In part one of this two-part blog series, we went over some of the basic errors commonly made during sunscreen application or use, particularly by those looking to keep the skin healthy and protected before or after a recent medical spa treatment. Sunscreen is a vital part of skin care on a regular basis, but the wrong approaches taken can lead to significant risks to the skin.
At the offices of Steven Jepson MD, we’re happy to offer a variety of anti-aging skin care products in addition to our Botox and laser treatment services, plus expertise on a wide variety of other skin care solutions – and sunscreen is a common area we’re asked about by our med spa patients. Today’s part two features a few additional errors sometimes made with regard to sunscreen, both for those recovering from a recent medical spa procedure and just for general daily skin care.
One thing many aren’t aware of when it comes to sunscreen: Even if you buy the highest SPF available to you, the vast majority of sunscreens will only protect your skin for a maximum of about two hours – and possibly even less depending on your skin tone. If you take part in physical activity that causes you to sweat, or if you’re in a pool or another swimming situation, sunscreen may last for even shorter periods.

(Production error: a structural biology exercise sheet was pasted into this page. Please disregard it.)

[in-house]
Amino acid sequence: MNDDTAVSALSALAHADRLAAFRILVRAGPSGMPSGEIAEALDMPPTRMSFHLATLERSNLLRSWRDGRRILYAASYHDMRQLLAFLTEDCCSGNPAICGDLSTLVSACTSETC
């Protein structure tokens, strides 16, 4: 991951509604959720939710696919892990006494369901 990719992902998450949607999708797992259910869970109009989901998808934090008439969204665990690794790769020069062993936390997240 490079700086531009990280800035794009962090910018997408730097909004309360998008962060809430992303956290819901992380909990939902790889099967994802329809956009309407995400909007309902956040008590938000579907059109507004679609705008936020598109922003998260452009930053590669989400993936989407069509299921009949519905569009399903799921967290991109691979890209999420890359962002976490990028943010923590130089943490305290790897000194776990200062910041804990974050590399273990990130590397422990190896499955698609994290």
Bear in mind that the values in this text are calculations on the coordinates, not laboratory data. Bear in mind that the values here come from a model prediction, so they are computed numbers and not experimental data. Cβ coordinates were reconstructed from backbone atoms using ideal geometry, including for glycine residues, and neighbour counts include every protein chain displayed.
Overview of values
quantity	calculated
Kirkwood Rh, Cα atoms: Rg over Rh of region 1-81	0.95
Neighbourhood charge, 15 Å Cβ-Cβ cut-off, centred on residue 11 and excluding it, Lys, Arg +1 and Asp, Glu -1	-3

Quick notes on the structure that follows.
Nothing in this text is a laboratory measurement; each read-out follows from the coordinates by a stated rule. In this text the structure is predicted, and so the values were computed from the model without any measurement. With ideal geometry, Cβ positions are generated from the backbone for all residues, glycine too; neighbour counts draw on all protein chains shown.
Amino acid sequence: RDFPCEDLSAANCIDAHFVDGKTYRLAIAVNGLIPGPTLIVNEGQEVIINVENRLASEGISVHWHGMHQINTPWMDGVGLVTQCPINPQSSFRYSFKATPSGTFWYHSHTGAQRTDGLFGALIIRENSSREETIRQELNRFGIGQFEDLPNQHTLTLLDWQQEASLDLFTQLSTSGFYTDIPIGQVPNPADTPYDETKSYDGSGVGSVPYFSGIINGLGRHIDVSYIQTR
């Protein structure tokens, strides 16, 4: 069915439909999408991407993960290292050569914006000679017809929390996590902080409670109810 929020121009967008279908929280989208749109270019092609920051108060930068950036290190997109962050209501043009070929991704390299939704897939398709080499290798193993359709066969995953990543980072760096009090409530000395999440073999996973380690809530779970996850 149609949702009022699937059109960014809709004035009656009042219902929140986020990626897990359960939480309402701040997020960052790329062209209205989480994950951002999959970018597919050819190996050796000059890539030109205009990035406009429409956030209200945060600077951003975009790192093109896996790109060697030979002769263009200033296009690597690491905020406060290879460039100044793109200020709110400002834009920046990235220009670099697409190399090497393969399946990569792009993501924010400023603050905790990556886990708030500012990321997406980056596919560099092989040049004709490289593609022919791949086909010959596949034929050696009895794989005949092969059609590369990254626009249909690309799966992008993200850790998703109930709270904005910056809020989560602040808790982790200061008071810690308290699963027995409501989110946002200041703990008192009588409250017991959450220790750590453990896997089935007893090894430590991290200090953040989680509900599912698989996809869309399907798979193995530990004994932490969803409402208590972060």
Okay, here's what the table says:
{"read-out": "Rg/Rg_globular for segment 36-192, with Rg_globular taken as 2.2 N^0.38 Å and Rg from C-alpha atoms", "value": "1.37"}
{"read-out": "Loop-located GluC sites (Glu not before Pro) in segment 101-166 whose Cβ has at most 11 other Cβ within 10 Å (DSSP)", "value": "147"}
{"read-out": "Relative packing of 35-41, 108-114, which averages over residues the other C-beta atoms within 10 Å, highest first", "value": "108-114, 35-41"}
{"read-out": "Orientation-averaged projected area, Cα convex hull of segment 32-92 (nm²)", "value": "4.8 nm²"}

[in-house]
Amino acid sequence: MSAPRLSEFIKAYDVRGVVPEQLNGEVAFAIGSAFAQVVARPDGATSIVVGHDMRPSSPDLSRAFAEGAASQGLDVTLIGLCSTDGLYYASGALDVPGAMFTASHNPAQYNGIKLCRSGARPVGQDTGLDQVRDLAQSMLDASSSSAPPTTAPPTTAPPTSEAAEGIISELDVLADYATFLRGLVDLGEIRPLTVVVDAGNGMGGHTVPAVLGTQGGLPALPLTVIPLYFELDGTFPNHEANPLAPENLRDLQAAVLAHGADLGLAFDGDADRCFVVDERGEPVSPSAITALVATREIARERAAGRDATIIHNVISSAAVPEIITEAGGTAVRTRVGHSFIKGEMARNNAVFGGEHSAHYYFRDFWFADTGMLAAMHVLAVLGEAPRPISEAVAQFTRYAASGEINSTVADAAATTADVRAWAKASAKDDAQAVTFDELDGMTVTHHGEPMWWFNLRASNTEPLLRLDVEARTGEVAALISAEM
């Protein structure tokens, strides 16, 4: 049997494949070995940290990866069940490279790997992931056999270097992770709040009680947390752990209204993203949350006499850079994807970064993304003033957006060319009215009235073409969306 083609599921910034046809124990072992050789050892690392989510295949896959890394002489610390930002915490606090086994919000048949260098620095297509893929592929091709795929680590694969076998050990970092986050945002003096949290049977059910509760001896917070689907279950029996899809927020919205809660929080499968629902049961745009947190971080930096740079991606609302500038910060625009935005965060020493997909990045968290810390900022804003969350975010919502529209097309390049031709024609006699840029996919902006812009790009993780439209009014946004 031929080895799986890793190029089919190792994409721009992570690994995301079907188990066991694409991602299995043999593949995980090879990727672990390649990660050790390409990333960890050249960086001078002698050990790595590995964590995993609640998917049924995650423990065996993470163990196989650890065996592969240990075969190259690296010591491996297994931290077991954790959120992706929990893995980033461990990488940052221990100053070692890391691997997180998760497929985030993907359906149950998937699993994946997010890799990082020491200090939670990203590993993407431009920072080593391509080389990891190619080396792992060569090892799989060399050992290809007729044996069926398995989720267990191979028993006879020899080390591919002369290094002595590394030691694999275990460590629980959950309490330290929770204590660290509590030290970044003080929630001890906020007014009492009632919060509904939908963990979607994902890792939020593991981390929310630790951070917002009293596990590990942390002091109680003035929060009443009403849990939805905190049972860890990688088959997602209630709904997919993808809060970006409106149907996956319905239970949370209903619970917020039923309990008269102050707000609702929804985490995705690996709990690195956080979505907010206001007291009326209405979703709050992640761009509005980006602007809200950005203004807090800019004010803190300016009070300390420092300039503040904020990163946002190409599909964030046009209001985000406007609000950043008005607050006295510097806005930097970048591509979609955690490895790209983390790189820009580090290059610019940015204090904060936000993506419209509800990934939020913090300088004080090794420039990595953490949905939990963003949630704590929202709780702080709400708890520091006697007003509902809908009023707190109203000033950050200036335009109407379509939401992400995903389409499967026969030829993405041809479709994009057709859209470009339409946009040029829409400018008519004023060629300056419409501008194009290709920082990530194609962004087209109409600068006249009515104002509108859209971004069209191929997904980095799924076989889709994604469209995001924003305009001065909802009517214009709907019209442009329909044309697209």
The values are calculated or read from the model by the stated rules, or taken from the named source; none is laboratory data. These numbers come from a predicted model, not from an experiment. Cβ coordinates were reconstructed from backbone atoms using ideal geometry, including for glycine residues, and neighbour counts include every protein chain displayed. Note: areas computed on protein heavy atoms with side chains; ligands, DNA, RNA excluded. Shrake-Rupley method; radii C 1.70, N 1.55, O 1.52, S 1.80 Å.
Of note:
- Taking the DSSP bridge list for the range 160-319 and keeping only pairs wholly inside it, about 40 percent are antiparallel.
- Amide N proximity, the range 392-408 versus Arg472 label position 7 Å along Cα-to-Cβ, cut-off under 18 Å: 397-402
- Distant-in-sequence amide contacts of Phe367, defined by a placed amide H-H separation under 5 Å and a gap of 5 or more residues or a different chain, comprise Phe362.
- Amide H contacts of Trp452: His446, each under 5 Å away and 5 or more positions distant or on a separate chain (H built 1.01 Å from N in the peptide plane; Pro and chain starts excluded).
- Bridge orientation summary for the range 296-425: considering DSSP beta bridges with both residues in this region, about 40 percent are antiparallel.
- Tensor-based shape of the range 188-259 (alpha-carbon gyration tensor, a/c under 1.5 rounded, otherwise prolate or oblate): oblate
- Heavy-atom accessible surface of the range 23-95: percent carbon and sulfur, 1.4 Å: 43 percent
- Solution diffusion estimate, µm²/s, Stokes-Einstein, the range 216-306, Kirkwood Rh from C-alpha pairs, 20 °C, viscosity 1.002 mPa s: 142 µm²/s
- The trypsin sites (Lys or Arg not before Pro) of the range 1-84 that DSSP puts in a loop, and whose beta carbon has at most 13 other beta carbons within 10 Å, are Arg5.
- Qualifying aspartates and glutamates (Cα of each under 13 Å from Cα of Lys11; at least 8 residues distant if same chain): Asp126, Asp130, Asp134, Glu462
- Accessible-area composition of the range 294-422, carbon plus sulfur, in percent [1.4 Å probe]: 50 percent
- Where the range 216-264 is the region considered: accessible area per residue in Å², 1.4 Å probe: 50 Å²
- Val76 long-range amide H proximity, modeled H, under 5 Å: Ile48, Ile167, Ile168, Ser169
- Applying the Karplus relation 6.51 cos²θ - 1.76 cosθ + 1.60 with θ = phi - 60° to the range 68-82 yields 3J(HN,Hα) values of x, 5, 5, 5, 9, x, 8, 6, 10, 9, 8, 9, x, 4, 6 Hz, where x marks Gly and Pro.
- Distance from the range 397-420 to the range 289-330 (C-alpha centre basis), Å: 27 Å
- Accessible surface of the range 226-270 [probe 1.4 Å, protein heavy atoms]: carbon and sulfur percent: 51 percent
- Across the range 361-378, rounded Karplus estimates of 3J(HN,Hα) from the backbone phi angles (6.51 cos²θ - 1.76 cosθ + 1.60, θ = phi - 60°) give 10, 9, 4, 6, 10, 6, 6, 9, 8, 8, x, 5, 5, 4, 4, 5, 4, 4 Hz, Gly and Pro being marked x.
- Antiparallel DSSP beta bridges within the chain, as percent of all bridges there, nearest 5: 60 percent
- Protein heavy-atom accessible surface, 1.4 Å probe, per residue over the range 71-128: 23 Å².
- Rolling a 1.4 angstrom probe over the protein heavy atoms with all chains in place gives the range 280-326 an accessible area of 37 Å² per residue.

For this reason, reapplication of sunscreen is vital, particularly during longer periods of sun exposure or any kind of activity. Many planning for a long day in the sun will set periodic reminders on their phone to reapply every so often.
Avoiding Sunscreen on Cloudy Days
Some are under the impression that if the sun isn’t directly shining on their skin, with no blockages of any kind, it’s not creating damage. This isn’t the case, though – UVA rays, which are responsible for a huge percentage of skin aging conditions, can penetrate clouds, thin glass and even certain translucent forms of clothing. UVC rays that are known to cause cancer can also easily shine through clouds.
This means it’s very important to wear sunscreen if you’ll be outside for a long period, even if it’s cloudy. It’s better to be safe than sorry here, after all.
Finally, there are some who don’t quite understand what SPF means. It stands for sun protection factor, and refers to a multiplier for your skin’s natural sun protection – SPF 30, then, means your skin will be protected 30 times greater than their natural protection.
This means that SPF’s impact on each individual varies completely based on their natural skin tone. Medium or dark skin tones may not burn as often, but still need SPF to prevent aging, pigmentation and cancers – while those with lighter tones carry all these same risks plus greater potential for burning.